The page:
Recently, Shivnarine Chanderpaul added a double century stand with his son in a club match.Arunabha Sengupta looks at the several instances in cricket history where father and son have appeared together in First-class cricket.
Last weekend, Shivnarine Chanderpaul put on 256 runs with son Tagenarine for Gandhi Youth Organisation against Transport Sports Club in a 40-over match held at the Unity Ground, East Coast Demerara. Father amassed 143 and son 112. Their team emerged triumphant by 125 runs.
The next day, the two turned out for Tiger Sports in a big win over Unity. Chanderpaul senior scored an unbeaten 68, while the younger man proved that he was a chip off the old block, scoring a resolute 35.
Playing grade cricket together is rare for father and son pairs. It is a tough ask for even the most enduring father to keep playing at the top level as his son makes his way through the ranks and joins him at the pinnacle.
Yet, the annals of cricket history inform us that such instances have indeed taken place more often than one expects– even at the First-class level.
Let us look at the recorded instances:
1. William Lillywhite, John Lillywhite and James Lillywhite (1851 – 1853) – The famous Lillywhite family produced some of the leading cricketers through the 19th century, taking some pioneering steps to promote the game in England and elsewhere. It is no surprise then that the first time father and son was witnessed together on a cricket field involved this illustrious clan. Father William Lillywhite played alongside sons John and James in two matches, for Middlesex against Surrey in 1851 and for Sussex against England in 1853.
2. William Clarke and Arthur Clarke (1855) – William Clarke was a slow bowler who scalped 797 First-class wickets. He was 57 by the time he led Nottinghamshire against England in 1855, and took seven wickets in the match. Opening the batting for Nottinghamshire in the same match was son Arthur, who played 55 times for the Notts managing just one half century.
3. WG Grace Senior and WG Grace Junior (1893-1900) – The father of cricket did accompany his son to the ground in as many as 46 occasions, but WG junior did not inherit the same level of genius as his parent. This is one of the rare occasions when the career of the father ended after the son’s – in this case WG junior played his last match in 1900 and died in 1905 while WG senior went on to play until 1908.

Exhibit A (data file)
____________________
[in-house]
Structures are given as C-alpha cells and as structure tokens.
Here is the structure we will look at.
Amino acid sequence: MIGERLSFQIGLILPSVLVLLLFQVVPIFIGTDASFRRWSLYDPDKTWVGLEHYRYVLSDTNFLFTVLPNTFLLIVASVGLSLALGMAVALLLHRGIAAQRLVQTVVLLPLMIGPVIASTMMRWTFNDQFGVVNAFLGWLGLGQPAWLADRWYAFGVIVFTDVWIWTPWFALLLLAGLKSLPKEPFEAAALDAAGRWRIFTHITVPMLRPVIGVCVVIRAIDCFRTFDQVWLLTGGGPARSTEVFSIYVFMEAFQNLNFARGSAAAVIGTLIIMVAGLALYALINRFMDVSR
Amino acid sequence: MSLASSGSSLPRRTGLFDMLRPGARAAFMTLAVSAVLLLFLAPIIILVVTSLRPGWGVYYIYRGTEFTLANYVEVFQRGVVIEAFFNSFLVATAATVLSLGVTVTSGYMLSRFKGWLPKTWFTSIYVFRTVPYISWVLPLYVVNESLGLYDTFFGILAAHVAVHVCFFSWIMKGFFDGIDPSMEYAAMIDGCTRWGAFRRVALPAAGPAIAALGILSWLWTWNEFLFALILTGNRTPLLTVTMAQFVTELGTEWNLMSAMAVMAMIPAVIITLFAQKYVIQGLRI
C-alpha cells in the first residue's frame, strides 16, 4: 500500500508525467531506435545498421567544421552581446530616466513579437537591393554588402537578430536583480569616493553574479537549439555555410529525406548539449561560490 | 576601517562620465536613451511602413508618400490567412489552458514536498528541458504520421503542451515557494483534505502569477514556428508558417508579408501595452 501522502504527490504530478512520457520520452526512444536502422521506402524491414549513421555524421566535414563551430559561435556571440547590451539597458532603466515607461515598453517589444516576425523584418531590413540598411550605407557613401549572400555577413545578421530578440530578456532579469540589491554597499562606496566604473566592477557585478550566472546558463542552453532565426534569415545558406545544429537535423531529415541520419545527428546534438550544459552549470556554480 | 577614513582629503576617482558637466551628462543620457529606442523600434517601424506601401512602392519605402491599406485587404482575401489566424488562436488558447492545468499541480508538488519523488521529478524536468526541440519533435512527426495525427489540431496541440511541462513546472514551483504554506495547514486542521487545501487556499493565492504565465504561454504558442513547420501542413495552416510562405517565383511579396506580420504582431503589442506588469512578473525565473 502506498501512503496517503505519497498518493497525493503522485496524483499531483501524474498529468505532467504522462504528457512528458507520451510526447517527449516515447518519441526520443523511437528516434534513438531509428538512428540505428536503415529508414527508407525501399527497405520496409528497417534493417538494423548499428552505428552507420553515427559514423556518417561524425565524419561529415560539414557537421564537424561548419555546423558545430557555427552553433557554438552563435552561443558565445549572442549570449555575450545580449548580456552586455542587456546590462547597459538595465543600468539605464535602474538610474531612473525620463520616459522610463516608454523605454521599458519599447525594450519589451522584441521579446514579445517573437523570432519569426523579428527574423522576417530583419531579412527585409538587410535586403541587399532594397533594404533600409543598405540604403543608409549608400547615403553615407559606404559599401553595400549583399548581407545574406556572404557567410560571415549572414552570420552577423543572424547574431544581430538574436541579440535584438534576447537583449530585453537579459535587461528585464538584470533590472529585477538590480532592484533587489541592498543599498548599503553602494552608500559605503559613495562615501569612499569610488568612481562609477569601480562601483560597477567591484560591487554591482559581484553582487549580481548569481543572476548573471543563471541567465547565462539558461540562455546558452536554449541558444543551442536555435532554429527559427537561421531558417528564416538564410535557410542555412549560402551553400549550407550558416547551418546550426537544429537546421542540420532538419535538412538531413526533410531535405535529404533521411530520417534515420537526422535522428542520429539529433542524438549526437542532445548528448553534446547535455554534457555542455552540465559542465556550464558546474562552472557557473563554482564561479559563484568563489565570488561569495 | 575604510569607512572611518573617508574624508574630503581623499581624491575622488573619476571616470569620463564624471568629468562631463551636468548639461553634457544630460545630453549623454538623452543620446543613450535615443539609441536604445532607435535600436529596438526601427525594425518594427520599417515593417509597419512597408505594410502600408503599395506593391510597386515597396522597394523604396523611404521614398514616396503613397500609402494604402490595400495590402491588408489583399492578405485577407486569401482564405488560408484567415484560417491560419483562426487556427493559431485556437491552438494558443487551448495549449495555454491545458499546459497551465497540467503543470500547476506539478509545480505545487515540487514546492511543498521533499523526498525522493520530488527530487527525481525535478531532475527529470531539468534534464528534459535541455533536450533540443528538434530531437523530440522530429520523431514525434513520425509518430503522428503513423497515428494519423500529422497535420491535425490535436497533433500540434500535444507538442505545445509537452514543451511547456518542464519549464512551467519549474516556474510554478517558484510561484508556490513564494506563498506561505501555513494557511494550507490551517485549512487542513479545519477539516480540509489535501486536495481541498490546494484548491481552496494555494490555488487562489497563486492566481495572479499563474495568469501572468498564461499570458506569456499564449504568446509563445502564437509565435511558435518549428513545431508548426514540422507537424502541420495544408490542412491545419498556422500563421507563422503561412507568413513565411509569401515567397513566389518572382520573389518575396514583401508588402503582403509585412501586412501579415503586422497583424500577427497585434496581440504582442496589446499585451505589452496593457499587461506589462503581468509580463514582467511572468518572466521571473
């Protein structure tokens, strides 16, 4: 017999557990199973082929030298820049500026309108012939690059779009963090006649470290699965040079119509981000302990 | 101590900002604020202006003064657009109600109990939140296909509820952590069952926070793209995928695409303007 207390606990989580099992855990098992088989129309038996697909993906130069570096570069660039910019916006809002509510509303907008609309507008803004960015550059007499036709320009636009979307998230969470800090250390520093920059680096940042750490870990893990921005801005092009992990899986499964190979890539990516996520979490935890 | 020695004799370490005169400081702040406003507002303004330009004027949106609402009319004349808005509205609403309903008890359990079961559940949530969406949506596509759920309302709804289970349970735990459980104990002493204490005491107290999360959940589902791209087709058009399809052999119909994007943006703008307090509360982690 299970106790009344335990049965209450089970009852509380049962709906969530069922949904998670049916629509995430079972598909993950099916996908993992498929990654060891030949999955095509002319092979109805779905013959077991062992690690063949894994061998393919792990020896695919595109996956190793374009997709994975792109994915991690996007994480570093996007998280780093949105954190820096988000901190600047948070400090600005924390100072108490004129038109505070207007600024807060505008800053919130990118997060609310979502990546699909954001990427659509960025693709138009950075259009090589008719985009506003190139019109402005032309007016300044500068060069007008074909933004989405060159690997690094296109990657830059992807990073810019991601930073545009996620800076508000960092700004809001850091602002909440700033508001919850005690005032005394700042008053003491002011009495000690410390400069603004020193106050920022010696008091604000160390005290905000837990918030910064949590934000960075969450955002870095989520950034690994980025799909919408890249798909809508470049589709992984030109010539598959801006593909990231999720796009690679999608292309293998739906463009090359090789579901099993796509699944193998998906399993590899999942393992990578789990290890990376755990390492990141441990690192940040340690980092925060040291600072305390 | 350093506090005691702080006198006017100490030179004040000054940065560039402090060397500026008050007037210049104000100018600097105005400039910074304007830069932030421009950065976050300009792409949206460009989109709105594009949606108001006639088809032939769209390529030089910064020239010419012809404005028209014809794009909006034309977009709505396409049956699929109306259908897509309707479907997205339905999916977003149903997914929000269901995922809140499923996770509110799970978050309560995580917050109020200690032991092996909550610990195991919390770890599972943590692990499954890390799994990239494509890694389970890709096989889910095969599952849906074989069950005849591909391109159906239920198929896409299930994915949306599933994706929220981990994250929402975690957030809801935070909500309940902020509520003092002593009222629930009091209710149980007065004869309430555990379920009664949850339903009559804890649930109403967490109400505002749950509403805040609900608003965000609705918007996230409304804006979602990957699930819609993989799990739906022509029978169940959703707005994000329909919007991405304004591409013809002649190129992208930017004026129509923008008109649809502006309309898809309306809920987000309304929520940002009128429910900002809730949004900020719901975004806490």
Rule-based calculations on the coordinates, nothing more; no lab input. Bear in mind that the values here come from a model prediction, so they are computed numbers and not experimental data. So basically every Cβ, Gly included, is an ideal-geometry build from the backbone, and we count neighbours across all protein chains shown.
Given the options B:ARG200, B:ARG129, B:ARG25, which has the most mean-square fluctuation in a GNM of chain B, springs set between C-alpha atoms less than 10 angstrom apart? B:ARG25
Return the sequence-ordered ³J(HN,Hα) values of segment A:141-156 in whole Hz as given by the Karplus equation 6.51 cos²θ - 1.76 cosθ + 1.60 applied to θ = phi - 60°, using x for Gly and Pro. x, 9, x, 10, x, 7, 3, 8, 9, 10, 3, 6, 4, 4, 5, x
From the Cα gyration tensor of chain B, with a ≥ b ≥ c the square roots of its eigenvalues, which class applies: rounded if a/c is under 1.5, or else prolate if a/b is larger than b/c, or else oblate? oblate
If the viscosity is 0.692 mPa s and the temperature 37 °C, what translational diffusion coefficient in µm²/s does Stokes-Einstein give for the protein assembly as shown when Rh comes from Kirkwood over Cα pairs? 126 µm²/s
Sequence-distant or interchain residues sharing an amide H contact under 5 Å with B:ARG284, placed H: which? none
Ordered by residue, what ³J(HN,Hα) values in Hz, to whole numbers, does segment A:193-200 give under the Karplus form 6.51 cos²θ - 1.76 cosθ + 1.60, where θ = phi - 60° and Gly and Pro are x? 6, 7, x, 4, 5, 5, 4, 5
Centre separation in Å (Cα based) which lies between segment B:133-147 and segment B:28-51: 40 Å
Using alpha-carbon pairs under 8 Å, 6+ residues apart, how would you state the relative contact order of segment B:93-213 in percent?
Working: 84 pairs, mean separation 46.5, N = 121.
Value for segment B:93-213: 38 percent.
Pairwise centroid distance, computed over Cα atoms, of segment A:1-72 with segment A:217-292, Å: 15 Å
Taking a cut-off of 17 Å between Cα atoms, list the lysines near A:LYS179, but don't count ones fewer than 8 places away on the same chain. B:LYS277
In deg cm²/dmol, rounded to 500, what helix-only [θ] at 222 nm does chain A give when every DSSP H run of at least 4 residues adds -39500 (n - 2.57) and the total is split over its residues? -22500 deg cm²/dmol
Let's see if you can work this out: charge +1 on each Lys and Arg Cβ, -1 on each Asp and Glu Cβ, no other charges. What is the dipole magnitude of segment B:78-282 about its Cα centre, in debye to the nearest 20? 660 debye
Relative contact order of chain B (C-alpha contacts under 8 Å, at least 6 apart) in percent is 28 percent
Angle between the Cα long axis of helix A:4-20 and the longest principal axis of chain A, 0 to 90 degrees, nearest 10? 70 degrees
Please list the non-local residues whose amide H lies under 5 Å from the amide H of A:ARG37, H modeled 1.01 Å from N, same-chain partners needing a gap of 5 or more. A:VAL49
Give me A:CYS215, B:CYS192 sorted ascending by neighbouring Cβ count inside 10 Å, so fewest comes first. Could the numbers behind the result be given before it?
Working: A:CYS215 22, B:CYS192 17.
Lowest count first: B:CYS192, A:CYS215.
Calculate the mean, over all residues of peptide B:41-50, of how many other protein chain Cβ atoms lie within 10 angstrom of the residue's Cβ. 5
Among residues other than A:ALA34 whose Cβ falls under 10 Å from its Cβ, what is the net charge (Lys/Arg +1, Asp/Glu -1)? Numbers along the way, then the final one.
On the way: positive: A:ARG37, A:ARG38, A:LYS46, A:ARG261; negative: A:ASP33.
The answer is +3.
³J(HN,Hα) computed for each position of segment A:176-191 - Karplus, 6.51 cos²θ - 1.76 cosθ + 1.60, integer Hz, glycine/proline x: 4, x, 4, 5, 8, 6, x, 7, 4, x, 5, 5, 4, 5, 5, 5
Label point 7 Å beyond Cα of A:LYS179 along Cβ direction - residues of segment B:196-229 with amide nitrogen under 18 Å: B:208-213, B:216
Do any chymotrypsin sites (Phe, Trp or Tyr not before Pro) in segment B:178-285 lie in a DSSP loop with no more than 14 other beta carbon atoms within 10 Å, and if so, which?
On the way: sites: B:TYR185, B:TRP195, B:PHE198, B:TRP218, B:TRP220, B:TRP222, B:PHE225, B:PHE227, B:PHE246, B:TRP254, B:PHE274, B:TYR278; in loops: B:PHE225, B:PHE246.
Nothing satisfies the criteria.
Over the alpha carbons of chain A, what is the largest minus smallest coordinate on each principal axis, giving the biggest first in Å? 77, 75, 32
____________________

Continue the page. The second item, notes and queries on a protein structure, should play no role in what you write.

4. WG Grace and CB Grace (1900 – 1906) – The second Grace son played four First-class matches, all alongside his illustrious father. Two of these matches for the London County in 1900 featured WG senior, WG junior and CB Grace together.
5. Richard Daft and Harry Daft (1891) – In his day, Richard Daft was one of the best batsmen of the country. After moving away from the county scene, he continued to make runs at local levels and was considered good enough at the age of 56 to earn a recall to the Nottinghamshire team. By then his son, the stylish Harry Daft, was already established in the side. They played together three times.
6. AWF Somerset and APFC Somerset (1911-1913) – The elder Somerset was no longer playing for Sussex by the time his son came into the picture, but the two did play 13 matches together for MCC on two separate tours to the West Indies, in 1911 and 1913.
7. Walter Mead and Harold Mead (1913) – Walter Mead was a good enough spinner to play for England and be hailed as a Wisden cricketer of the year in 1904. Son Harold might have had a longer career if he was not critically injured as a private in the Essex regiment during the First World War. They played alongside each other twice, batting at numbers 10 and 11.
8. Thomas Reese and Daniel Reese (1918) – While the First World War raged, in a distant corner of the world, New Zealanders Thomas Reese and Daniel Reese appeared together for Canterbury against Otago. It was the 24th and last match played by father Reese, and his son went on to play just 11.
9. Lebrun Constantine and Learie Constantine (1922) – Constantine senior was the first West Indian to score a century on English soil. Constantine junior was the first superstar of West Indies cricket. They appeared together in one match for Trinidad against Barbados in the Inter-colonial Tournament Final.
10. Willie Quaife and Bernard Quaife (1920-1928) – Willie Quaife was one of the most stylish batsmen of England who played seven Test as one of the shortest players to appear in International cricket. Son Bernard was a good enough wicket-keeper to play 319 First-class matches. The two played alongside each other on 20 occasions for Warwickshire before Quaife junior moved to Worcestershire.
11. Billy Bestwick and Robert Bestwick (1922) – Billy Bestwick bowled fast-medium and played for Derbyshire 323 times between 1898 to 1925. Son Robert played just five matches between 1920 and 1922. In two of these matches, the Bestwicks played together.
12. George Gunn and George Vernon Gunn (1928 – 1932) – In 1931, playing for Nottinghamshire against Warwickshire, George Vernon Gunn scored his first century, remaining unbeaten on 100. In the same match, his father George, at the age of 53, piled up 183. This is believed to be the only instance of father and son reaching three figures in the same First-class match. Gunn senior was perhaps the best batsman to play for Nottinghamshire, and Gunn junior, although he did not play for England like his father, did not do too badly either. They appeared in the same match on as many as 34 occasions.